KYOCERA Donates Solar Power Generating Systems to Primary Schools in Tanzania
Kyocera Corporation (NYSE:KYO)(TOKYO:6971)(ISIN:JP3249600002)(President: Makoto Kawamura) has decided to donate solar power generating systems to primary schools in the United Republic of Tanzania. Commemorating the contribution officially, Kazuo Inamori, the Kyocera Chairman Emeritus, today presented a donation certificate to His Excellency Mr. Jakaya Mrisho Kikwete, the President of the United Republic of Tanzania and Chairman of the African Union, who is currently in Japan attending the outreach sessions for the 2008 G8 Hokkaido Toyako Summit.
During the 4th Tokyo International Conference on African Development (TICAD IV) in Yokohama, the Japanese Government pledged an aggressive assistance program for Africa by yen loans, totaling the equivalent of four billion U.S. dollars. A large number of supports from the private sectors are required, as the infrastructures for transportation aiming for the economic development as well as those of education for development of human resources are considered to be urgent tasks to achieve the goal.
In Tanzania, the top priorities include improving its educational infrastructures to develop the human resources for the future. To partly solve this challenge, Kyocera decided to donate and install its solar power generating systems to Tanzanian primary schools where the education conditions are not yet sufficient. The company hopes to support to improve the education standard to some extent by lighting up the classrooms and installing the electrification equipment.
— 20 Sets of Donation for the Following Five Years
The donation package contains 600-watt solar power generating systems including storage batteries that Kyocera will install in schools in Tanzania. Each system will come with basic equipment, such as a TV set and lights. Kyocera will donate and install the systems in four schools each year over the coming five years, totaling 20 schools starting from 2008.
— Supporting Rural Electrification
Kyocera entered the solar energy business in 1975 when then-President Kazuo Inamori first recognized the long-term potential for solar technology to contribute to global energy demand. The company’s solar business has continued for 33 years based on the principle of “Contributing to society through pollution-free energy around the world”.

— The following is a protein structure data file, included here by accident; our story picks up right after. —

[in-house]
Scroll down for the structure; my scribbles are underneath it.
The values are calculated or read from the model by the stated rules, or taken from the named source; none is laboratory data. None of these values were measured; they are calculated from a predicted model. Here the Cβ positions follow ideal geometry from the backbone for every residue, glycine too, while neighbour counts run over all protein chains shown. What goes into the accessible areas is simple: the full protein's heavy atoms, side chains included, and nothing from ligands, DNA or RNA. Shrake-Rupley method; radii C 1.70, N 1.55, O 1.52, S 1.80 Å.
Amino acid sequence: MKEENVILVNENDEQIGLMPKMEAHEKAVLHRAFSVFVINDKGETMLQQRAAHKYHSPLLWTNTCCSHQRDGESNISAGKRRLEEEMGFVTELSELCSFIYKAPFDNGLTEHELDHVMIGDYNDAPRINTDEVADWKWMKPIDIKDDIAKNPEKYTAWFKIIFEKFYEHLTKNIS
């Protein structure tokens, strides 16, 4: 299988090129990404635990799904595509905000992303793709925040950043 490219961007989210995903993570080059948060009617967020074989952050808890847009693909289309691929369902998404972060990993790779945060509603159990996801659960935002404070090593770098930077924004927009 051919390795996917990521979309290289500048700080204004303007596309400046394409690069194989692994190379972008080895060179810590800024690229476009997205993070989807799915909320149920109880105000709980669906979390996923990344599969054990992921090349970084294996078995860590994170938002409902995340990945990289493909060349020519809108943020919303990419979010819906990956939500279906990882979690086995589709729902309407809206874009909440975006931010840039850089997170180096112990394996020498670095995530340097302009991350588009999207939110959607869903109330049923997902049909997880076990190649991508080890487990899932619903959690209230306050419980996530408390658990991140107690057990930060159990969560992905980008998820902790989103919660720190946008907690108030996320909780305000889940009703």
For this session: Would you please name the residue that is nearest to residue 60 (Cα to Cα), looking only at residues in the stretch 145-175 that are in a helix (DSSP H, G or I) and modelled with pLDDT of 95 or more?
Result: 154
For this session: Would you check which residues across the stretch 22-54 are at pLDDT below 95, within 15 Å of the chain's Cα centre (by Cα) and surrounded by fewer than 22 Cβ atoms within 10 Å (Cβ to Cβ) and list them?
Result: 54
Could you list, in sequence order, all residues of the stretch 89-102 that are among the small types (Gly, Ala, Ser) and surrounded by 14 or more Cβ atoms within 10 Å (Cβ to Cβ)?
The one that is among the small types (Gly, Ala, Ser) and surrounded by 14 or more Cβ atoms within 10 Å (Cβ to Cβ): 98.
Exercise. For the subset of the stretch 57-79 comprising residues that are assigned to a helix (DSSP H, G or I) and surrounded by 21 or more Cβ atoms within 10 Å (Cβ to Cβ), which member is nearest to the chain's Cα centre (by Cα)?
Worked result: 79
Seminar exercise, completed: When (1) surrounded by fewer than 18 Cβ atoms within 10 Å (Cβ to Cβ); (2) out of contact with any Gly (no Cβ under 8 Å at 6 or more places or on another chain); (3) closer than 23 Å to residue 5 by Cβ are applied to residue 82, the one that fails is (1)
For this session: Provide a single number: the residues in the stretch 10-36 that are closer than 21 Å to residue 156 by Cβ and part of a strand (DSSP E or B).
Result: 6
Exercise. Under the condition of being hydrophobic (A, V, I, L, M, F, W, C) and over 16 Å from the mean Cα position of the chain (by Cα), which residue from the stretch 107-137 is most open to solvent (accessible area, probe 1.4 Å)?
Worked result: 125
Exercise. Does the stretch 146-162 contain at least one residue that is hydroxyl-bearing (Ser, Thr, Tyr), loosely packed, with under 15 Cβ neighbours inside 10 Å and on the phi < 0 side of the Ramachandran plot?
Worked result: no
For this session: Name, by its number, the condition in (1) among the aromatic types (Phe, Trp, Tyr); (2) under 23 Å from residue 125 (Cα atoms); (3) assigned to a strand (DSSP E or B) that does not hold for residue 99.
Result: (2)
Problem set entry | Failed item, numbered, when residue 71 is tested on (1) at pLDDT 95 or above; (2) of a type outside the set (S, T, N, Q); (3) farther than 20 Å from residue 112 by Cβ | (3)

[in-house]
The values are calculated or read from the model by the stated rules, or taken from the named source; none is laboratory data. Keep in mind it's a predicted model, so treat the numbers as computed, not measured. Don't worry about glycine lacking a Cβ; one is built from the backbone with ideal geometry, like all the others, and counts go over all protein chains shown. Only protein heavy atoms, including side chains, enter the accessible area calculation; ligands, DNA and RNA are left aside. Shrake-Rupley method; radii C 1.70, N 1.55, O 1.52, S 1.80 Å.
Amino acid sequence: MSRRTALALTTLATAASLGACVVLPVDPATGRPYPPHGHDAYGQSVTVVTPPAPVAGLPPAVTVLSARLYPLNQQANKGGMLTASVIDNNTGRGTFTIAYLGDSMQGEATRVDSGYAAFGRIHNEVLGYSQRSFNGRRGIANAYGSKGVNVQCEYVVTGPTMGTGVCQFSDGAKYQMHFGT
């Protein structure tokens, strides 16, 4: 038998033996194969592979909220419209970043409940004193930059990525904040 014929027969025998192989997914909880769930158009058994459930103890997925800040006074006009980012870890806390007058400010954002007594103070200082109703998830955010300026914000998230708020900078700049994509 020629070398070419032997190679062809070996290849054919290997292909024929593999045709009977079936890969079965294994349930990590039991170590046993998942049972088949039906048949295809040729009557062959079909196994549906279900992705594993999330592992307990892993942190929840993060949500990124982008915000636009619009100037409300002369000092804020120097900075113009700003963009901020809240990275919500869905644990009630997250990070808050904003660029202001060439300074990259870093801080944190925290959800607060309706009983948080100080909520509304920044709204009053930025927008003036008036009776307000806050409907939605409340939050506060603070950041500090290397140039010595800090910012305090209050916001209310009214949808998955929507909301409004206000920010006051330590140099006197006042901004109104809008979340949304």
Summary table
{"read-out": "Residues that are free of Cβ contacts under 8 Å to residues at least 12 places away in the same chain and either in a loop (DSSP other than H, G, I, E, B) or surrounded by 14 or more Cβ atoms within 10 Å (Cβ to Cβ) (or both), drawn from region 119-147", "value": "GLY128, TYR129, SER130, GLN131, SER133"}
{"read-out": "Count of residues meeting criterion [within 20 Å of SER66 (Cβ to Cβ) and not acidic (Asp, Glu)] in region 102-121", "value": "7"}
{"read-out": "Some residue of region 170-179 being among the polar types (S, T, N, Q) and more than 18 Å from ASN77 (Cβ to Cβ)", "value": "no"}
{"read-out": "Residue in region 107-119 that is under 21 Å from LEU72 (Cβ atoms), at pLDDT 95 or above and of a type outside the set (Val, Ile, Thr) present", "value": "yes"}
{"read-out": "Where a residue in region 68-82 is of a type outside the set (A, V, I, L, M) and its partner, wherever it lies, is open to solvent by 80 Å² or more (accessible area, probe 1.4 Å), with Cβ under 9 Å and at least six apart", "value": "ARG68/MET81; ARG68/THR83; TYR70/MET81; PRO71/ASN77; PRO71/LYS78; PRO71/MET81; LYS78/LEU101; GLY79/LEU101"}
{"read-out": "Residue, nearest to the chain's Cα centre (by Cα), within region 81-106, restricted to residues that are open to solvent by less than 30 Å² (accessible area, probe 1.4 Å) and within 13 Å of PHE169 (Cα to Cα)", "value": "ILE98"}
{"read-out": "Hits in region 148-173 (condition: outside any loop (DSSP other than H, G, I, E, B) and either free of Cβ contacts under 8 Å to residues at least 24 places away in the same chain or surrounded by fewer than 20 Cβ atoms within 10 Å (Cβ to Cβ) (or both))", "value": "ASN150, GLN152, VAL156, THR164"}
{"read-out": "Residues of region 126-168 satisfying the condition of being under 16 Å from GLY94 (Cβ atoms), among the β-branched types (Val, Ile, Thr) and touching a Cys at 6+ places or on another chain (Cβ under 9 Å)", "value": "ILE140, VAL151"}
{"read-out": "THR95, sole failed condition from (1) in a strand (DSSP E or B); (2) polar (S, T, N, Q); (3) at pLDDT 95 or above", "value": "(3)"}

Kyocera has also continued to light up many people’s lives in developing areas without electricity by solar power generation, believing that it could contribute to people and society.
Kyocera’s efforts in rural electrification began with the village of Kankoi in Pakistan in 1983, and Gansu Province of China in 1985, along with a series of projects involving agricultural irrigation, vaccine refrigeration, and power for medical facilities. The company is scheduled to supply solar power generating systems to 500 households in Tunisia under a Japanese Government yen-loan project in October 2008. This will be the first use of yen loans for the delivery and installation of solar power systems.
— REFERENCE: About “A Passion for Success”
“A Passion for Success” written by Kazuo Inamori, the Kyocera Chairman Emeritus, will be translated into Swahili and published in Tanzania this summer.
His Excellency Mr. Elly Elikunda Elineema Mtango, Ambassador Extraordinary and Plenipotentiary of the United Republic of Tanzania to Japan, read the book and was deeply impressed by Inamori’s management philosophy. Ambassador Mtango, who strongly believed that Inamori’s philosophy would contribute to Tanzania’s development in the future, arranged to have it translated and published, and even bore a portion of expenses for publication in his own country.
“A Passion for Success” presents a universal philosophy of both life and management published by PHP Institute, Inc. of Japan in 1996. It has been translated into English, Korean, Chinese, Indonesian, German, Portuguese, Thai and Mongolian, and is widely read in many regions of the world.
Kyocera Corporation (NYSE: KYO / http://www.kyocera.com), the parent and global headquarters of the Kyocera Group, was founded in 1959 as a producer of advanced ceramics. By combining these engineered materials with metals and plastics, and integrating them with other technologies, Kyocera has become a leading supplier of cutting tools, solar energy systems, telecommunications equipment, semiconductor packages, electronic components, laser printers, copiers and industrial ceramics. During the year ended March 31, 2008, the company’s net sales totaled 1.29 trillion yen (approximately $12.9 billion).